Bottom Line: The treatment of Carlos Uresti, compared to the treatment of Empower Texans, tells you everything you need to know about the so-called Texas "Ethics" Commission.


Note: This is also why you don't want the TEC investigating sexual misconduct charges.

Monday, March 19, 2018

UT Makes Tuition Hike We Predicted Official

"I will raise up for them a Prophet like you from among their brethren, and will put My words in His mouth, and He shall speak to them all that I command Him."
Deuteronomy 18:18

Not surprising, but still:
With few questions, the system’s Board of Regents voted unanimously Monday to up the cost of tuition and fees at each college they oversee by up to 8.5 percent for in-state undergraduates. Most schools will see increases in the 1 percent to 7 percent range – adding hundreds of additional dollars to students’ tuition bills each year.

The hikes range from 0.1 percent for in-state undergraduates at the University of Texas at San Antonio to 8.5 percent for students at the University of Texas of the Permian Basin. The new rates will be in place for the fall 2018 semester, with another increase set to take effect the following academic year.

Asked why the Permian Basin campus' requested increases are higher than the other schools', President Sandra Woodley said the institution is "playing catch up" and currently has "really, really low" tuition costs. The raise is needed, she said, to help the campus achieve some "economies of scale."

Texan undergraduates at the system’s flagship UT-Austin campus would face a 2 percent tuition hike next fall under the proposed increase – equaling about $200 extra each year. Out-of-state students would pay about $700 more.
Obviously, this is exactly what we told the Texas Senate would happen if they approved the last round of regent nominees.  Then they approved the afore mentioned regents.  So here we are....

Furthermore, if you're wondering why they're keeping McRaven around until May, this was why.  It allows McRaven to be the fall guy for this tuition hike, while the incoming chancellor gets to blame the old administration next session.  It makes one wonder what other awful acts they have planned during the final 10 weeks of a lame duck chancellor.

That being said, on a certain level you do have to hand it to UT.  Not only did they wait until two weeks after the primary, but they also chose a day where Capitol watchers were preoccupied by the school finance commission, while the city has its hands full with the bombings.  LOL, such a UT thing to do.

Bottom Line: We told the Texas Senate so.  We told the Texas Senate so.  We told the Texas Senate so.

#TXLEGE: Tedious school finance commission slogs forward

"For wisdom is a defense as money is a defense,
But the excellence of knowledge is that wisdom gives life to those who have it."
Ecclesiastes 7:12

We spent this morning at the hearing for the Texas Commission on Public School Finance.  The commission moved extremely slowly, to the point where they still had a couple of hours of invited testimony left when they broke for lunch.  We didn't feel like waiting around any longer, so will state our thoughts here.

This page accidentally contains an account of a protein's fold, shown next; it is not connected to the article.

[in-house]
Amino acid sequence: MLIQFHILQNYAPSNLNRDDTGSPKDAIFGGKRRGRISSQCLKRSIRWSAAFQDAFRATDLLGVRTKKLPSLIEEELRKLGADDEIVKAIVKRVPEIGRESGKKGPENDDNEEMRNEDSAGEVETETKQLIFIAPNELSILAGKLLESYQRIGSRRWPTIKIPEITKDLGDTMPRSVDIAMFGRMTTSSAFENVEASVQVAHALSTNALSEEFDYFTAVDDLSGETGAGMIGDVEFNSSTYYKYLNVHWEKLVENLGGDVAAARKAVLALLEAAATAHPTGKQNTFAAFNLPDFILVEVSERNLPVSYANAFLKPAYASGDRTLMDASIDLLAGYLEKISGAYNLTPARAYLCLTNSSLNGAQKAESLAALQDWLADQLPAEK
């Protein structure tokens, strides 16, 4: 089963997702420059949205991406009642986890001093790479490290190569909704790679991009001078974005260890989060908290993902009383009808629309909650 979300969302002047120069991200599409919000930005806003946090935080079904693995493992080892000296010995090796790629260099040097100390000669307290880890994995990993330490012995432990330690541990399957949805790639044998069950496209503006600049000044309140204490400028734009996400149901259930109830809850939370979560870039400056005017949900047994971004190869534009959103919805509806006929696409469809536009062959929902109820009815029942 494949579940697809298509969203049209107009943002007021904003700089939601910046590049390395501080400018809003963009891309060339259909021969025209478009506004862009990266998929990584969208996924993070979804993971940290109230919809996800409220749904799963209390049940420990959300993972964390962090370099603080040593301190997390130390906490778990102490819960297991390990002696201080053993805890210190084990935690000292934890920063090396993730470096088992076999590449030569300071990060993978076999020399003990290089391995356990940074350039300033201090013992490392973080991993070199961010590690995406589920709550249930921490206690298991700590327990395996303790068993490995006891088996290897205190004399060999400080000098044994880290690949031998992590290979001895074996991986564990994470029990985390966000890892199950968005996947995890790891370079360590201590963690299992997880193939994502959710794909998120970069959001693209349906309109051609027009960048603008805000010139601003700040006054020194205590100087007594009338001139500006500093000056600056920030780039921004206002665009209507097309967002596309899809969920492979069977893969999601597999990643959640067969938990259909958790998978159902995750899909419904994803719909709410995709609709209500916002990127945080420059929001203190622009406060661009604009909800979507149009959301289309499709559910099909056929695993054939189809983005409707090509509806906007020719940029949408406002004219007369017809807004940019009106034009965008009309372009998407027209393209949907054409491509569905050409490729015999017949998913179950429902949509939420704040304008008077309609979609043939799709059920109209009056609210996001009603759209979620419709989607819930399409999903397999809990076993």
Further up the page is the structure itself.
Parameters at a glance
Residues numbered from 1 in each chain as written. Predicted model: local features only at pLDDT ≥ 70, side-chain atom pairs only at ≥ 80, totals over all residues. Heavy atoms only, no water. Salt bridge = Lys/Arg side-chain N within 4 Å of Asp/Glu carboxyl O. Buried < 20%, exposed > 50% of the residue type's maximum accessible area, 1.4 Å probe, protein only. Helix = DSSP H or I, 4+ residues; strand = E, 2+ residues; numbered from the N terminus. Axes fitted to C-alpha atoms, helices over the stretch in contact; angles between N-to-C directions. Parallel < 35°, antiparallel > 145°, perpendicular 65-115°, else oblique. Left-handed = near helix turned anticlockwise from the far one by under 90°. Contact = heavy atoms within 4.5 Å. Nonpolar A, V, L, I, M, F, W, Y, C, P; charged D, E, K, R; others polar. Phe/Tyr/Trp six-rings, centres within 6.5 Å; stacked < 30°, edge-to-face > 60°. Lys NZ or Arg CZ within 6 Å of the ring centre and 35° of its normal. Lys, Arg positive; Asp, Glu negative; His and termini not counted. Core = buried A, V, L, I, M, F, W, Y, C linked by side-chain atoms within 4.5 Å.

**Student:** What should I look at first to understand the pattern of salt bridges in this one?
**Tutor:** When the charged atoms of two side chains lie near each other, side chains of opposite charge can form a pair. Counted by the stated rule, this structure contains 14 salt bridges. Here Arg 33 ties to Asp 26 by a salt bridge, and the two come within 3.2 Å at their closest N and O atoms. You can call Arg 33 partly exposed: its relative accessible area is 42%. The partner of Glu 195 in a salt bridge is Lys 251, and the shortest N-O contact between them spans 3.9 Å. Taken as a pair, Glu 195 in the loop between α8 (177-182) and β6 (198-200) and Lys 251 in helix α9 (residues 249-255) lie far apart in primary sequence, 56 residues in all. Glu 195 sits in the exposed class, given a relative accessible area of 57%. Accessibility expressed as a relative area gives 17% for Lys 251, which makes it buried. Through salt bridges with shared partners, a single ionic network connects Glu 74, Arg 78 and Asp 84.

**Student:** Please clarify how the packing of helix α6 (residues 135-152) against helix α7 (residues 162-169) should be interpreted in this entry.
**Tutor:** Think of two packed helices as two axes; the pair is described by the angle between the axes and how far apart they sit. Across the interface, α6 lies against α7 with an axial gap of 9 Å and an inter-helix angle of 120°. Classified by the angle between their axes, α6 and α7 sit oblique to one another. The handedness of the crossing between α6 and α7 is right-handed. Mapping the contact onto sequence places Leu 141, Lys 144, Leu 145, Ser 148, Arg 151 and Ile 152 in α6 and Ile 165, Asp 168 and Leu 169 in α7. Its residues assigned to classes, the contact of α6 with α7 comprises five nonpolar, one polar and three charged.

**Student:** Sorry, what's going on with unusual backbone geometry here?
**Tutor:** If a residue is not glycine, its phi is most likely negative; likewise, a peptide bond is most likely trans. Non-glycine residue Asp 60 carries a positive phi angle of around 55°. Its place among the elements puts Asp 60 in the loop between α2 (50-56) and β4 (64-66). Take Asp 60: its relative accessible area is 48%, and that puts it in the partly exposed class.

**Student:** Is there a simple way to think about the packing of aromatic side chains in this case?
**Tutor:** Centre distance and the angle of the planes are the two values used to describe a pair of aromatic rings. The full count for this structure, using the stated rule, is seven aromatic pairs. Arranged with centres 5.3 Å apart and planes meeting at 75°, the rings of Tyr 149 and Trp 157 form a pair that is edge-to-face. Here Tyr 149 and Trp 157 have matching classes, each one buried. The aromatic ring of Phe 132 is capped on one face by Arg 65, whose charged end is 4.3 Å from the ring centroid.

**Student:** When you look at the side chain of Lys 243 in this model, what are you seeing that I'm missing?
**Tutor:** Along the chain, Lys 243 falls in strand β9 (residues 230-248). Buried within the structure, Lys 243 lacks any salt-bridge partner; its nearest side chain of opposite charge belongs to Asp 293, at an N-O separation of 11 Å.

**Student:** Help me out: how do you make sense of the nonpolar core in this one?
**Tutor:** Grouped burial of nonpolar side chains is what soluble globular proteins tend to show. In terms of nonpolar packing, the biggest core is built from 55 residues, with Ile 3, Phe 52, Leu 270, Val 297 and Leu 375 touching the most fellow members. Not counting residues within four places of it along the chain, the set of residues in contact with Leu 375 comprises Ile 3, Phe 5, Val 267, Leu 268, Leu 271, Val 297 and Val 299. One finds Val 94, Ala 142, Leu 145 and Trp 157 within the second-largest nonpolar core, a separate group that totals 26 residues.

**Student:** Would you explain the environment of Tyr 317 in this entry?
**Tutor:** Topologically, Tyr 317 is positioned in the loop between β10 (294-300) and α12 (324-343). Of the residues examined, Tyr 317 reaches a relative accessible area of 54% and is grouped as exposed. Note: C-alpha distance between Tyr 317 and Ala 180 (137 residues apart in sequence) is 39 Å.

The fundamental reality of education policy in Texas, at the moment, is stalemate.  The Texas house wants to pour more money into the status quo (while lying about the tax impact).  The Senate wants to empower parents and students by moving to a funding model where the money follows the student.

Neither side has the votes in the other chamber to pass what they really want to do.  But both sides have sufficient votes in their own chamber to block the other.  The recent primary results, while modestly favorable, don't change that fundamental dynamic.  Therefore: Stalemate.

Given this reality, it seems prudent to scale back our ambitions.  Nobody's going to get what they really want, but if people can set aside thier egos, we might be able to get something less bad than the status quo.  Thus we would suggest something along the lines of modest increases in state funding accompanied by structural reforms making the existing system less bureaucratic along with a "rate compression" for local taxpayers.

Increasing state funding while "compressing" local school tax rates would begin the transition from property taxes to a consumption based tax.  This would be a good first step towards the Republican Party of Texas' long-term goal to completely eliminate property taxes.  The key is that you must insist upon a dollar-for-dollar cut at the local level for every dollar of increased spending you have at the state level.  Furthermore, if the state were to increase it's share of the total tab, it could keep the ISD's (with all of their various misdeeds) on a shorter leash.

As for making the EXISTING system less bureaucratic, there are any number of ways that can be accomplished.  But it's non-negotiable.  Any potentinial increase in spending at the state level needs to go into the classroom, NOT the bureaucracy.

Bottom Line: Given the reality of current vote counts, this sort of scaled-down proposal is the only productive thing that can pass.  But a productive conversation requires a partner.  If the status quo crowd wants to help devise a less-bad system, great.  But if the stalemate continues, we intend to use next session to make them radioactive by the time 2020 rolls around.


Given the amount of illegal electioneering in which the ISD's engaged this past cycle, any school finance bill that the legislature might pass ought to include sanctions for that sort of activity; an automatic 20% cut in state funding for ISD's that engage in that sort of behavior would stop it REALLY quick.